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    ABSTRACT: To evaluate quantitative cerebral blood flow (qCBF) with traditional time-based measurements or metrics of cerebral perfusion: time to peak (Tmax) and mean transit time (MTT) in stroke patients. Nine ischemic stroke patients (four male, five female, 63 ± 16 years old) were included in the study which was Health Insurance Portability and Accountability Act compliant and institutional review board approved. Cerebral perfusion was quantified using the Bookend method. Mean values of qCBF, Tmax, and MTT were determined in regions of interest (ROIs). ROIs were drawn on diffusion weighted images in diffusion positive, critically ischemic (CI), in ipsilateral normal region immediately surrounding the critically ischemic region, the presumed penumbra (PP), and in contralateral diffusion negative control, presumed normal region (PN) of gray and white matter separately (GM and WM). In both GM and WM, qCBF measures distinguished the studied brain regions with the most markedly reduced values in regions corresponding to extent of likely ischemic injury. In planned comparisons, only qCBF measurements differed significantly between CI and PP tissues. ROC analysis supported the utility of qCBF for discriminating brain regions differing in the likely extent of ischemic injury (CI and PN regions - qCBF: area under the curve [AUC] = 0.96, Tmax: AUC = 0.96, MTT: AUC = 0.72). Importantly, qCBF afforded the best discrimination of CI and PP regions (qCBF: AUC = 0.82, Tmax: AUC = 0.65, MTT: AUC = 0.52). This initial evaluation indicates that quantitative MRI perfusion is feasible in ischemic stroke patients. qCBF derived with this strategy provide enhanced discrimination of CI and PP compared to time-based imaging metrics. This approach merits investigation in larger clinical studies.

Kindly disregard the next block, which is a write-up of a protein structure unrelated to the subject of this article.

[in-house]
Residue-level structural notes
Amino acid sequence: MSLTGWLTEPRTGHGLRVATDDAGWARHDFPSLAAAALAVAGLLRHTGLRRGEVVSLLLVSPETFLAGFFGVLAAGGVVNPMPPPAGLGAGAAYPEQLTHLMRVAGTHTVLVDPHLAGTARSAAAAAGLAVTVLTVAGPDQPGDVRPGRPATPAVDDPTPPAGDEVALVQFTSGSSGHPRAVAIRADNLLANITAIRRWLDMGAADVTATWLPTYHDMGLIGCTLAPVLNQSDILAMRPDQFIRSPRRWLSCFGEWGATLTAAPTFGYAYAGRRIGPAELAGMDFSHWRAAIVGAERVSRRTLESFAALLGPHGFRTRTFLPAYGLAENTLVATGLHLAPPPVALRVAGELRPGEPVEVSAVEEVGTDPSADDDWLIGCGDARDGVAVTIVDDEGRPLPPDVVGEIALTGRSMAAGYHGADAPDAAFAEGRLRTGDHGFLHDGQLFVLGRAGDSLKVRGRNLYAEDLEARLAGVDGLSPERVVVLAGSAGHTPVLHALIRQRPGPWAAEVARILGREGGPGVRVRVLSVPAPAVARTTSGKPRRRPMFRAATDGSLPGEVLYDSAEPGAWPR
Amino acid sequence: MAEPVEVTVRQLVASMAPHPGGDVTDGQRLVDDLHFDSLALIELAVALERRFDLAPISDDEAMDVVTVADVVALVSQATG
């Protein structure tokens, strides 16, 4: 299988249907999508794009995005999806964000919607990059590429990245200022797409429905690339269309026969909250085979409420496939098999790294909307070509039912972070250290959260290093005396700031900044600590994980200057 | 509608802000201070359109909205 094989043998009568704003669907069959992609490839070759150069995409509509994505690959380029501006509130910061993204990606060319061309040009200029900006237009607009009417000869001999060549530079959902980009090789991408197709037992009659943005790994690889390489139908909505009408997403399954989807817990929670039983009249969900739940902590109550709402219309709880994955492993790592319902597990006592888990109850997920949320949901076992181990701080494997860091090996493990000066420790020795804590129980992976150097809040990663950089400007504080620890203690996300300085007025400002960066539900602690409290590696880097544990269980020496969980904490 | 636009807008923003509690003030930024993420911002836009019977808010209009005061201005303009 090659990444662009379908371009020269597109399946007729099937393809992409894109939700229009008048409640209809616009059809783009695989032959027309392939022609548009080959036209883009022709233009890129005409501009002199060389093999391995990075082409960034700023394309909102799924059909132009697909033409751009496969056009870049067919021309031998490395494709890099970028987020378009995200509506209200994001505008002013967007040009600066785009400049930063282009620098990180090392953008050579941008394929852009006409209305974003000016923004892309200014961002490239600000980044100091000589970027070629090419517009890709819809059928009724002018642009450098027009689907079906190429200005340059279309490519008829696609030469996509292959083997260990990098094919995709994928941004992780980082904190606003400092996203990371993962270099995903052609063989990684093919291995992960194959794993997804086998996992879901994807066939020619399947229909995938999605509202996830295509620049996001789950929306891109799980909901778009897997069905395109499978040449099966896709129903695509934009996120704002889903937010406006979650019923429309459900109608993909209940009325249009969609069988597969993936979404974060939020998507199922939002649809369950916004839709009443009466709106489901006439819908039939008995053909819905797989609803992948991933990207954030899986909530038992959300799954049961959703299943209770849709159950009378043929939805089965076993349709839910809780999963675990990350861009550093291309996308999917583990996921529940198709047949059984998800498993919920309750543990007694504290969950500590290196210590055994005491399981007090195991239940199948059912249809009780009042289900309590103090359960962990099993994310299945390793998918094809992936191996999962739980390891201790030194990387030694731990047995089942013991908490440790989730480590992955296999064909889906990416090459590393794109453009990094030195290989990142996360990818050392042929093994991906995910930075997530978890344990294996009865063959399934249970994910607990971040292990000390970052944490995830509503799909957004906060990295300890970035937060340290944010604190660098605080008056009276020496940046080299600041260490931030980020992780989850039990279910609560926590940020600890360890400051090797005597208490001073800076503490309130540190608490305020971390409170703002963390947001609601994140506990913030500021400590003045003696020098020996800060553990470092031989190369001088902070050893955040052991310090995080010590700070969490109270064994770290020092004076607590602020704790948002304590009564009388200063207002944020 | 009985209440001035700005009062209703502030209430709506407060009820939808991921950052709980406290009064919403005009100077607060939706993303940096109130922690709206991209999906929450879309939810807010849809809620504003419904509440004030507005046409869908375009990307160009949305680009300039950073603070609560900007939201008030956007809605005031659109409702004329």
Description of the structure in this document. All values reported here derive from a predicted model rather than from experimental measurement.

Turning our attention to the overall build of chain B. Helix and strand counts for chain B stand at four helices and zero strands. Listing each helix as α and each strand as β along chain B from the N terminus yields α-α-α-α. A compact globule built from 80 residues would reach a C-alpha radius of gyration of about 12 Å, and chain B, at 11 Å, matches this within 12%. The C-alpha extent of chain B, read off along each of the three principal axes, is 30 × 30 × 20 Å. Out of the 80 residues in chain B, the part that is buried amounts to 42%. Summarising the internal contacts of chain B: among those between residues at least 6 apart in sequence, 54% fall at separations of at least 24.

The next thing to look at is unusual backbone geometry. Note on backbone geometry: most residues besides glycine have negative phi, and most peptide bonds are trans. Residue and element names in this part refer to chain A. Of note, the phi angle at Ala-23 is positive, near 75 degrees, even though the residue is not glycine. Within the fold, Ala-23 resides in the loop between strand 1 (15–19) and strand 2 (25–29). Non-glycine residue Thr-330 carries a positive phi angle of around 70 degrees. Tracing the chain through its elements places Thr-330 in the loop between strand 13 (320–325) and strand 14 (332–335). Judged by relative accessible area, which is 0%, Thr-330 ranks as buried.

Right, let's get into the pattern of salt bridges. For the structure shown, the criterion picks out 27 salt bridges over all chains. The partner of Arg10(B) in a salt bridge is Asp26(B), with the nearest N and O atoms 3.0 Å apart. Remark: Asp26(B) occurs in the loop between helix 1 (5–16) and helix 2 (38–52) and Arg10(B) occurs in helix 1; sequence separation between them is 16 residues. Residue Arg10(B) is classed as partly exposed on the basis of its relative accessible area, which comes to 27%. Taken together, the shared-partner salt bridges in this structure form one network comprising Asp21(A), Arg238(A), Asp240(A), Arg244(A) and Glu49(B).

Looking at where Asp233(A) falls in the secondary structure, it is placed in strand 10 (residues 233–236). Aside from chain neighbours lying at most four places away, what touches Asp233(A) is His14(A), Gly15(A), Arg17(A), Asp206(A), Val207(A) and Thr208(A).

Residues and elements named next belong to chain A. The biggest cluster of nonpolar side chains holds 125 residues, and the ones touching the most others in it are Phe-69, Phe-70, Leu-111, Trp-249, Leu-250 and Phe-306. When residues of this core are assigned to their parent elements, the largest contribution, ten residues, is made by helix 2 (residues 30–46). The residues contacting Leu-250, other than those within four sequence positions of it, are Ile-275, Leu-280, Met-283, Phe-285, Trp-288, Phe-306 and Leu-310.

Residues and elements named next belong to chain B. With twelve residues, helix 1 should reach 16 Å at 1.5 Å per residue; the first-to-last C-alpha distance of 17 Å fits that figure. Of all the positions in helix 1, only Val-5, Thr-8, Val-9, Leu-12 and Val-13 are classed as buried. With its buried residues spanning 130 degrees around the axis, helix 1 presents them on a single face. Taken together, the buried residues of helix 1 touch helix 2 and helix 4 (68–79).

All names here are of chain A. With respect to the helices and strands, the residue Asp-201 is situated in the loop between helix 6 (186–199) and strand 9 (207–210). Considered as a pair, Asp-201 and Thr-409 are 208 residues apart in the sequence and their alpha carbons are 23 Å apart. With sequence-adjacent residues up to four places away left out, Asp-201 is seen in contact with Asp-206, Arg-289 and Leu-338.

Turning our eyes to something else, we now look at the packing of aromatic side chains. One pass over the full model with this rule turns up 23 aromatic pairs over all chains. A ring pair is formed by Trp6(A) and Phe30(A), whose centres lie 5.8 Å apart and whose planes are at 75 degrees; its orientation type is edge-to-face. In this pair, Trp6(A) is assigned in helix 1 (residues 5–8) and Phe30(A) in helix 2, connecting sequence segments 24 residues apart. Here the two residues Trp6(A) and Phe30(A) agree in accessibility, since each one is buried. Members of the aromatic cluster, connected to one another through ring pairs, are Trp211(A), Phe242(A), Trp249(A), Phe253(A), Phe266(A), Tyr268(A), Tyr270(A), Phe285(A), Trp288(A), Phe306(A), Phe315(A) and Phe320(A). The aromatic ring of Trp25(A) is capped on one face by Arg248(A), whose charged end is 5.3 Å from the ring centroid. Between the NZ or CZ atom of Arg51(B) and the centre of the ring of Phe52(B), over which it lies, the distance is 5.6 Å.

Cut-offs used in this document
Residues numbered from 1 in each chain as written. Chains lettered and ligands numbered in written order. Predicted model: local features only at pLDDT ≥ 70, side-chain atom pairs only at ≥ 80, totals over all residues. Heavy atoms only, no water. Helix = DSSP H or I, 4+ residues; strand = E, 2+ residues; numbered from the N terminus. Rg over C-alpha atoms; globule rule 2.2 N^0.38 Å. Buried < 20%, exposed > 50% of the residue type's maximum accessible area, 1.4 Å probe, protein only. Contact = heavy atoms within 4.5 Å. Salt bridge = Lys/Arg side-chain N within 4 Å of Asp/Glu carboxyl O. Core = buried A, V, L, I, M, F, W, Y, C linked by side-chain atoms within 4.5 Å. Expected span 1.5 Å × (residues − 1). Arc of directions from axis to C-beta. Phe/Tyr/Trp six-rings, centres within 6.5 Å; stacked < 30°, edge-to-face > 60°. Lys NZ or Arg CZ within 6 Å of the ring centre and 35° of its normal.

Journal of Magnetic Resonance Imaging 10/2010; 32(4):796-802. · 2.57 Impact Factor
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    ABSTRACT: To derive a magnetic resonance (MR)-based imaging metric that reflects local perfusion changes resulting from the administration of angiogenic-inhibiting chemotherapy in patients with recurrent glioblastoma multiforme (GBM). In this retrospective Institutional Review Board-approved HIPAA-compliant study, 16 patients (12 men, four women; mean age, 51.8 years + or - 15.1 [standard deviation]) with recurrent GBM received bevacizumab every 3 weeks (15 mg per kilogram of body weight) as part of a clinical trial. Baseline MR images were acquired, and follow-up images were acquired every 6 weeks thereafter until tumor progression or death. Imaging included perfusion and T1-weighted contrast material-enhanced MR imaging. Perfusion images were analyzed both with and without correction for contrast material leakage. The volumes of interest were selected as enhancing voxels on T1-weighted contrast-enhanced MR images. Relative cerebral blood volume (rCBV) maps were created from analysis of MR perfusion images. The volumes of interest were used to calculate the following parameters: size, mean rCBV, mean leakage coefficient K(2), and hyperperfusion volume (HPV), which is the fraction of the tumor with an rCBV higher than a predetermined threshold. Percent change in each parameter from baseline to first follow-up was compared with time to progression (TTP) by using a Cox proportional hazards model with calculation of hazard ratios. The most significant hazard ratio was seen with a DeltaHPV cutoff of rCBV greater than 1.00 (hazard ratio, 1.077; 95% confidence interval: 1.026, 1.130; P = .002). The only significant ratios greater than one were those that resulted from perfusion calculated as mean rCBV and DeltaHPV. The ratios were also higher after correction for leakage. This pilot study derived an imaging metric (HPV) that reflects local perfusion changes in GBMs. This metric was found to show a significantly improved correlation to TTP as compared with more commonly used metrics.